The imagery in these murals is an amalgamation of various characters representing our multifaceted and beautiful community rich with history. Depictions of the city alongside our indigenous, refugee, and immigrant communities meld together in swirls of color. Four poems written by community members, including an 11-year old boy, break up the imagery. “The murals were also intended to represent the five tribes of Utah,” Chacón says. “Additionally, the monarch butterfly illustrated throughout the piece is a representation of immigration, strength, and resilience.”
Public art is more than an effort to make space pretty; it is telling the story of the neighborhood it exists in and giving voice to its community members. “To me it is really important to engage with the community, find out what that community is about and really beautify the neighborhood with those voices and create the spirit of the neighborhood with those images,” Chacón says. Public art is more impactful when it is telling underrepresented stories within underrepresented communities because it puts art where people are. When the walls of a gallery surrounding a work of art are removed, it suddenly belongs to all. “It didn’t matter what language you spoke or what type of education you had, [public art] is inclusive—not exclusive,” Chacón says.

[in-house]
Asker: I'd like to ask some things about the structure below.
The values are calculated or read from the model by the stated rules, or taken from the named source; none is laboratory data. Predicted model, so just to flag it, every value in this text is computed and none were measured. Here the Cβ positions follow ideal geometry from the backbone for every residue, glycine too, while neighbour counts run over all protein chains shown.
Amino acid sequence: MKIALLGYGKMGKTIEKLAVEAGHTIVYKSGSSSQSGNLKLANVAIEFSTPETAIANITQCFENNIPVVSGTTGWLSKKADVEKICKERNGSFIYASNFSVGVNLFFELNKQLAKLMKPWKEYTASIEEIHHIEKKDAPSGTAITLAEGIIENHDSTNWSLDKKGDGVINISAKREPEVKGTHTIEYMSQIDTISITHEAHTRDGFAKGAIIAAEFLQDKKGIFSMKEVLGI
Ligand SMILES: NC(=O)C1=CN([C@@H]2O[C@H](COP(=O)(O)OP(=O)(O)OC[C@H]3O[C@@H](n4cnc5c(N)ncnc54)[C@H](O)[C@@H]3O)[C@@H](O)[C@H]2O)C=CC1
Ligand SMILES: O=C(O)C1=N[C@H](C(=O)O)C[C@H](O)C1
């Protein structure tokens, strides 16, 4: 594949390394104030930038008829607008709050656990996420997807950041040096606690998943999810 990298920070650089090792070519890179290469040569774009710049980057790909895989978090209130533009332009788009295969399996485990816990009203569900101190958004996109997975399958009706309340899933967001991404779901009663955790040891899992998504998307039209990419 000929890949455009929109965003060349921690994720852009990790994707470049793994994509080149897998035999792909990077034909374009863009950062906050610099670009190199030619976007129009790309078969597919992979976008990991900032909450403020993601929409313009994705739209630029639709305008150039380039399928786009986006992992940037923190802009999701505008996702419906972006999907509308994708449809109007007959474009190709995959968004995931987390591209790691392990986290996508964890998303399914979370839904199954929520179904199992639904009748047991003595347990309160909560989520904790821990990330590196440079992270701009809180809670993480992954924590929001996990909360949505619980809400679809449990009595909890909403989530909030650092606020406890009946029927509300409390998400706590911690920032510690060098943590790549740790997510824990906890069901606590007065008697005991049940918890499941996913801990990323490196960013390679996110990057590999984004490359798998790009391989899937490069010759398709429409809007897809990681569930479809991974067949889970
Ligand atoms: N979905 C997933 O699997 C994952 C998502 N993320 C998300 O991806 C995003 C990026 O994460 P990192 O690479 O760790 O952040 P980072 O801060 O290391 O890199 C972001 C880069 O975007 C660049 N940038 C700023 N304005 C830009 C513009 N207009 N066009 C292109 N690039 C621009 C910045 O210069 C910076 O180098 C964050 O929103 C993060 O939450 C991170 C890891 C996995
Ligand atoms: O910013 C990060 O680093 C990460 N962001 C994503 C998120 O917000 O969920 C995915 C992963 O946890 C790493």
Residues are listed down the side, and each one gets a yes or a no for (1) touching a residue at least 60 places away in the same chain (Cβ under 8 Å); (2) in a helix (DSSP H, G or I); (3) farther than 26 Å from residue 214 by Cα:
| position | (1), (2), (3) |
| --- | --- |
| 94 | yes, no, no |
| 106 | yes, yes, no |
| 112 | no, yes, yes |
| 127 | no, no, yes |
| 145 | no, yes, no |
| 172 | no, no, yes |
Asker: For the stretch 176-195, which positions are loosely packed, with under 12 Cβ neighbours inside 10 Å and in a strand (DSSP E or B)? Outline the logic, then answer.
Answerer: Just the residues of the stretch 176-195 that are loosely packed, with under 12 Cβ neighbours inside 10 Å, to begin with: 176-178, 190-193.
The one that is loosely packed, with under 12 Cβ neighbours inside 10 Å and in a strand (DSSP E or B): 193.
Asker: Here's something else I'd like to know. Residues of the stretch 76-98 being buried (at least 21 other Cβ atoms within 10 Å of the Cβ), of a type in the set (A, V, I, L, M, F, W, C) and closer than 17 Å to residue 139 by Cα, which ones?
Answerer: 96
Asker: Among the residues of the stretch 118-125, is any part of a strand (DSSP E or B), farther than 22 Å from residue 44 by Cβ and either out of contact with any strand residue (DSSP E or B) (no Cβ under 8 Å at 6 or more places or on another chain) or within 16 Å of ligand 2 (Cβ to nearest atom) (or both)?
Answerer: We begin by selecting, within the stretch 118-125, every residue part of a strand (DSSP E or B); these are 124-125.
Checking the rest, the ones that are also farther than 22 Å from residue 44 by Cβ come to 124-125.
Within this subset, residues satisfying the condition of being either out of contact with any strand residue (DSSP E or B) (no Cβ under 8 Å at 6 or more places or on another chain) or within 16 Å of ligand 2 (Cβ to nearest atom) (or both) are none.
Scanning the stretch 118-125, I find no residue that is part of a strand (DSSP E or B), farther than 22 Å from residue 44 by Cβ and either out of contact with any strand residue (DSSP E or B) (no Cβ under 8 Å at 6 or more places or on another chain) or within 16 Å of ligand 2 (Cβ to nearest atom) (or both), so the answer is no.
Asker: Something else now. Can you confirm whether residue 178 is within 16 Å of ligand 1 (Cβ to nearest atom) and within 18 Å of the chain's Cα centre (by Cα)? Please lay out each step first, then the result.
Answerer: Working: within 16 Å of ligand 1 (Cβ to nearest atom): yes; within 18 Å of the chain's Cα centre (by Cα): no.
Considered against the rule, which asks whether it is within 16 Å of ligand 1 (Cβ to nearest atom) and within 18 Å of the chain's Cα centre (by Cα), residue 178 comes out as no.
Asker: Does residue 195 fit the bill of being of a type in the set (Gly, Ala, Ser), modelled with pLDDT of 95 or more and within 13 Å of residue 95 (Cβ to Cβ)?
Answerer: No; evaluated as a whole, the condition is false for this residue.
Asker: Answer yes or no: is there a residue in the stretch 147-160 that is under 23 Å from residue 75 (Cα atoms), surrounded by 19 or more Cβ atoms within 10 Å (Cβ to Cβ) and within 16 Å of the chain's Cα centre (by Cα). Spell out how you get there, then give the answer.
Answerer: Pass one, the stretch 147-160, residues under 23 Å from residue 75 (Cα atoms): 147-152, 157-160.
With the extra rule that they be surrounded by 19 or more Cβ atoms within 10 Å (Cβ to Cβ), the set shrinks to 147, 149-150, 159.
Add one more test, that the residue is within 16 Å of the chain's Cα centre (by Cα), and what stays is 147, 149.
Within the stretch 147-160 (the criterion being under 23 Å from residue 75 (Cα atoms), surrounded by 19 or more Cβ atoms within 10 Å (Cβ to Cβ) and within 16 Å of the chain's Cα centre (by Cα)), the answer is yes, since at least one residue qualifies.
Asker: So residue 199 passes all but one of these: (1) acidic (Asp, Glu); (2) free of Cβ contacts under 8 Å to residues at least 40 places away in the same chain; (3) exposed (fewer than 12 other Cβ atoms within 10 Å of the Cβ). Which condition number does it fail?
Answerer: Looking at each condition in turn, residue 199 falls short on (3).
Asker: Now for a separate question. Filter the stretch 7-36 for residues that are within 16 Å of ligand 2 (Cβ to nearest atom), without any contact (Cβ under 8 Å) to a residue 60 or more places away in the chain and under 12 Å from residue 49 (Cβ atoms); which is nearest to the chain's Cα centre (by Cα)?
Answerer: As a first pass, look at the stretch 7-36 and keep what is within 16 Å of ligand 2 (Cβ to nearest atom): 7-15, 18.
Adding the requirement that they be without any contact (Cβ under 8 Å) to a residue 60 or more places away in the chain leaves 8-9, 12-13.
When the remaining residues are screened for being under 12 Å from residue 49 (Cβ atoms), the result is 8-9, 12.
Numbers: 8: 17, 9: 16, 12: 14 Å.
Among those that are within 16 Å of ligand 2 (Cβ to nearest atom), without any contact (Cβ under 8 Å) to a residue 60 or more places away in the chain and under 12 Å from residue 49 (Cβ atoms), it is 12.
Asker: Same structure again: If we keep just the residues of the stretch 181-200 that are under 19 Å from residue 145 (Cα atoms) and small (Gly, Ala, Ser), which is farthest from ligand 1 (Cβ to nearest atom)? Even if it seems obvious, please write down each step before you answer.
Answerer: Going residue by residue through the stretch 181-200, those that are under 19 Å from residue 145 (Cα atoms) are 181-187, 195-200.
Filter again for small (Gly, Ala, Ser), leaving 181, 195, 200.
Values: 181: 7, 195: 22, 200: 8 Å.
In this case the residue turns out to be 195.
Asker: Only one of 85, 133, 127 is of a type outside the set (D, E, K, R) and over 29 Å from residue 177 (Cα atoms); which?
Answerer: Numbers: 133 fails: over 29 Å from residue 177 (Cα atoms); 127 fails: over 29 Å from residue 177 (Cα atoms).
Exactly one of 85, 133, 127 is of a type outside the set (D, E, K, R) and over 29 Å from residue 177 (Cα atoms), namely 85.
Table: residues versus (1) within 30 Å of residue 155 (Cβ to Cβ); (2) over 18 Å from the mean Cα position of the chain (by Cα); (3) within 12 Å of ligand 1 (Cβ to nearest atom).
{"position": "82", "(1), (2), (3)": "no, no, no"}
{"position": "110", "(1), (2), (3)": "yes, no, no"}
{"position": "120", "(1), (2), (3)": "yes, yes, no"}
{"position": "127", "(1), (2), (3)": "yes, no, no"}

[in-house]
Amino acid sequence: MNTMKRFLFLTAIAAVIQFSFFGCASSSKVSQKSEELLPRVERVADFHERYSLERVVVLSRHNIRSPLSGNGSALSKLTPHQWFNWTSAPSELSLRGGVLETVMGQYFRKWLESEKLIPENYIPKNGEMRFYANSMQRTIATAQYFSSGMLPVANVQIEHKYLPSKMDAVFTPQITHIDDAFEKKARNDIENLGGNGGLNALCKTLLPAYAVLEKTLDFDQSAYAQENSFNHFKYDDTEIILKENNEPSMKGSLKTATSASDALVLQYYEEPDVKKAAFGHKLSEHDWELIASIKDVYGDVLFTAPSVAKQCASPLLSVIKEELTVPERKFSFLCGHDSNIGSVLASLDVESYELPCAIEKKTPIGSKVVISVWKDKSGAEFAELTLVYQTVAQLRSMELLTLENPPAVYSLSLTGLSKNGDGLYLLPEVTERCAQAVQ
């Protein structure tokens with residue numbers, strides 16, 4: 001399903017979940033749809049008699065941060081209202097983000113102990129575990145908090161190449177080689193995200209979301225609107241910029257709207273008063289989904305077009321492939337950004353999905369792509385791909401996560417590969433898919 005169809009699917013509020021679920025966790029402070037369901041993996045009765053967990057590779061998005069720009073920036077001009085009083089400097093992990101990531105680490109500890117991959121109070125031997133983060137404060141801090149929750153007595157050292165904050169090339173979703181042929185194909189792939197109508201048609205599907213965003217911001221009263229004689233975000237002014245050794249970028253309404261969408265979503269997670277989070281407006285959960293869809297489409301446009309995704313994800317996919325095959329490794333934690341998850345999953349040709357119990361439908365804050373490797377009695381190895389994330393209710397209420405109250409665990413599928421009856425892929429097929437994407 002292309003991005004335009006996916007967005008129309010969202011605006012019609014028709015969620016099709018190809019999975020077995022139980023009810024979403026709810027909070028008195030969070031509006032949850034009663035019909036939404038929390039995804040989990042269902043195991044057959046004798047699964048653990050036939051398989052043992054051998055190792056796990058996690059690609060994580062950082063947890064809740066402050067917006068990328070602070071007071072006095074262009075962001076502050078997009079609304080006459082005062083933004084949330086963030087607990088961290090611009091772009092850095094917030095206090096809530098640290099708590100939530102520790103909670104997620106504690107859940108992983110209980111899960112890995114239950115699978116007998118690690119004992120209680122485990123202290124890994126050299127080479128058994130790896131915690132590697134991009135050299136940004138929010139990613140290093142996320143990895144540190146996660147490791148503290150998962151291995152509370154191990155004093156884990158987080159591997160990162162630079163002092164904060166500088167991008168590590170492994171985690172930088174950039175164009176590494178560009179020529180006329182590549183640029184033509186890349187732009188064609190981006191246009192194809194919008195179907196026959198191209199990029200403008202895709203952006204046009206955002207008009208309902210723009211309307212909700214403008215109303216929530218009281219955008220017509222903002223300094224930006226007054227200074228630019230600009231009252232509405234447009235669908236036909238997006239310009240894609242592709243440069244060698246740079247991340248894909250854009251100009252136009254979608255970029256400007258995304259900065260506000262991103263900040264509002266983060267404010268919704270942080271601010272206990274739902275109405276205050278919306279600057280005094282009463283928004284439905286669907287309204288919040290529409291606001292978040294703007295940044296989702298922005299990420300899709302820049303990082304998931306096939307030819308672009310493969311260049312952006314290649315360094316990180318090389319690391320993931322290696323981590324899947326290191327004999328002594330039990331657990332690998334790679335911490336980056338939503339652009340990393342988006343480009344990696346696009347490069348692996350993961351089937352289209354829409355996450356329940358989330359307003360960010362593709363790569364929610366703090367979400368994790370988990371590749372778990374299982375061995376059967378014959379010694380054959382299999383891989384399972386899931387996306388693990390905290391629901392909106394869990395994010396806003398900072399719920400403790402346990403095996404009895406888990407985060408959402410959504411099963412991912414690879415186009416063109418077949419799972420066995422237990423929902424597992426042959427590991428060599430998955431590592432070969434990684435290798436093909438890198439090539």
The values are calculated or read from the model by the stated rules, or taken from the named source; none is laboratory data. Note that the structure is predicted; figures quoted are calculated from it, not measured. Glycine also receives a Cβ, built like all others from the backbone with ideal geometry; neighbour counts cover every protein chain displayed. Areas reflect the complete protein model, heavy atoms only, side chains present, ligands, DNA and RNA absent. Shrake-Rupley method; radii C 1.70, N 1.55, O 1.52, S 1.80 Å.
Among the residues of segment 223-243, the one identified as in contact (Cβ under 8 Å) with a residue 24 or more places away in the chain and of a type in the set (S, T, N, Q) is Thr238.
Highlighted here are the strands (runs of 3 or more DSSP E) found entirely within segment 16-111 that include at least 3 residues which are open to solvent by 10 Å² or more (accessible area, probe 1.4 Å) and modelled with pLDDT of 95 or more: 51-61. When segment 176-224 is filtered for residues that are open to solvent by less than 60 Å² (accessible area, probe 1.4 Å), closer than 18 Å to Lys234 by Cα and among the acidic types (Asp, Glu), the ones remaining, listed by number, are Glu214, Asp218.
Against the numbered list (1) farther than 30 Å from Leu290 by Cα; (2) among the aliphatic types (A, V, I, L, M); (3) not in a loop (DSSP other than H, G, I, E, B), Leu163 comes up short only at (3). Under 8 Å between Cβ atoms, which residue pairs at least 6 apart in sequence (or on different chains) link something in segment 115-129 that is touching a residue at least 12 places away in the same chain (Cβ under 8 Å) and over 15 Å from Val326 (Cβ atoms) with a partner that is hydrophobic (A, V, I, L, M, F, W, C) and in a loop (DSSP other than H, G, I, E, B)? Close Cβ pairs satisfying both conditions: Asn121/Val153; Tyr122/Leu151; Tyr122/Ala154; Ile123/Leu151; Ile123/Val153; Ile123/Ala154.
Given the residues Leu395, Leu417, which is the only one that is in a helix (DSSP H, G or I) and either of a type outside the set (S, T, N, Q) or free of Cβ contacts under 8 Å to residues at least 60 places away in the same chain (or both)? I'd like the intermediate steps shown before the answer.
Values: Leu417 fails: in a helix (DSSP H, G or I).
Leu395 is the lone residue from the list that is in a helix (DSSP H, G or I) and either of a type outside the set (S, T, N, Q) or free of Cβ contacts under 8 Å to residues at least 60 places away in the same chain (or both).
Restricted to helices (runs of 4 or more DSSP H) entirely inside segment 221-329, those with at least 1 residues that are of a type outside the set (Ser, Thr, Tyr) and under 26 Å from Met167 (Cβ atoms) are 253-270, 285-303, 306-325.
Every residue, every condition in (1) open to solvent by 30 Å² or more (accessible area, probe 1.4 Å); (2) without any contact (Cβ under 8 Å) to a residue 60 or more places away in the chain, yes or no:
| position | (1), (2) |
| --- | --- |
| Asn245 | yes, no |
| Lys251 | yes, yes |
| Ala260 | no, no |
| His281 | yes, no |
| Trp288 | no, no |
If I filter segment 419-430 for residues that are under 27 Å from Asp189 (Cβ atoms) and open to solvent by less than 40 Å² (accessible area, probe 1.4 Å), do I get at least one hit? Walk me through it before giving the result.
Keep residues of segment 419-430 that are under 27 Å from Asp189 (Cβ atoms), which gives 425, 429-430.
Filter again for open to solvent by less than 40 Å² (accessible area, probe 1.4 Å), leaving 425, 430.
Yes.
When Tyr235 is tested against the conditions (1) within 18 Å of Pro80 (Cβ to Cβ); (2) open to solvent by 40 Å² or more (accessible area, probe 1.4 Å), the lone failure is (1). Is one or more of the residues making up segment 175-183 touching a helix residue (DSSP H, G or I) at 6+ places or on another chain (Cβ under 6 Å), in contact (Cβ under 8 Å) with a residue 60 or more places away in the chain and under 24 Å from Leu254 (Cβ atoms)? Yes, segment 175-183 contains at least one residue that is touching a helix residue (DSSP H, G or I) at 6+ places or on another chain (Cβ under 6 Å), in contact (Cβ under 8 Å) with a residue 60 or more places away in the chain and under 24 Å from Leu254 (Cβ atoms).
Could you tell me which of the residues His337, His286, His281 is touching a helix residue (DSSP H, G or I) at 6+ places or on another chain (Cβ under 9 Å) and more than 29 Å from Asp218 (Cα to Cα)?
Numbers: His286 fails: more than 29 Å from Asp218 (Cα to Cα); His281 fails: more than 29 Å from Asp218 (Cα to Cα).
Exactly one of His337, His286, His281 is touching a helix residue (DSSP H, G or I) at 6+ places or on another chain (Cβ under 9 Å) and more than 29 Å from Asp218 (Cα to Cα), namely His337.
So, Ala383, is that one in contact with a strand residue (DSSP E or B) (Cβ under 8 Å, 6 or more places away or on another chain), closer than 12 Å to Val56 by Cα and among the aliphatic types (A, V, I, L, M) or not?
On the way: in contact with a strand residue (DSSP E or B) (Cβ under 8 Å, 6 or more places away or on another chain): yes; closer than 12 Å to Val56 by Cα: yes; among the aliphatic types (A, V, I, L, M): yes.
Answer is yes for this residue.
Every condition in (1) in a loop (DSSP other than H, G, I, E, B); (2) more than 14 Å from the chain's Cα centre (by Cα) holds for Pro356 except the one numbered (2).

Today, Chacón mentors young artists of color in Sacramento, California. Her most recent mural Las Poderosas Project highlights women that have made an impact in the Sacramento Valley. Through this mural and murals to come, Chacón continues to seek underrepresented artists to collaborate with in order to bring their power to the surface. You can visit her other murals all over Salt Lake City such as her mural at the Catholic Community Services building on 300 S and 800 E, the University of Utah’s Carolyn Tanner Irish Humanities Building and A. Ray Olpin University Union Building, the Horizonte School, and the façade of Quetzal Imports at 500 N and 600 W. Learn more about Chacón and her robust career at her website RubyChacón.com.
About the Author
Bianca Velasquez (she/her) is a Salt Lake City resident that has been involved with the arts and music community for over a decade. Velasquez is currently a freelance writer for several publications including Southwest Contemporary, Hyperallergic, and Visit Salt Lake. Aside from her work as a writer and community builder, Velasquez practices art through many mediums including music and visual art.Tags: salt lake city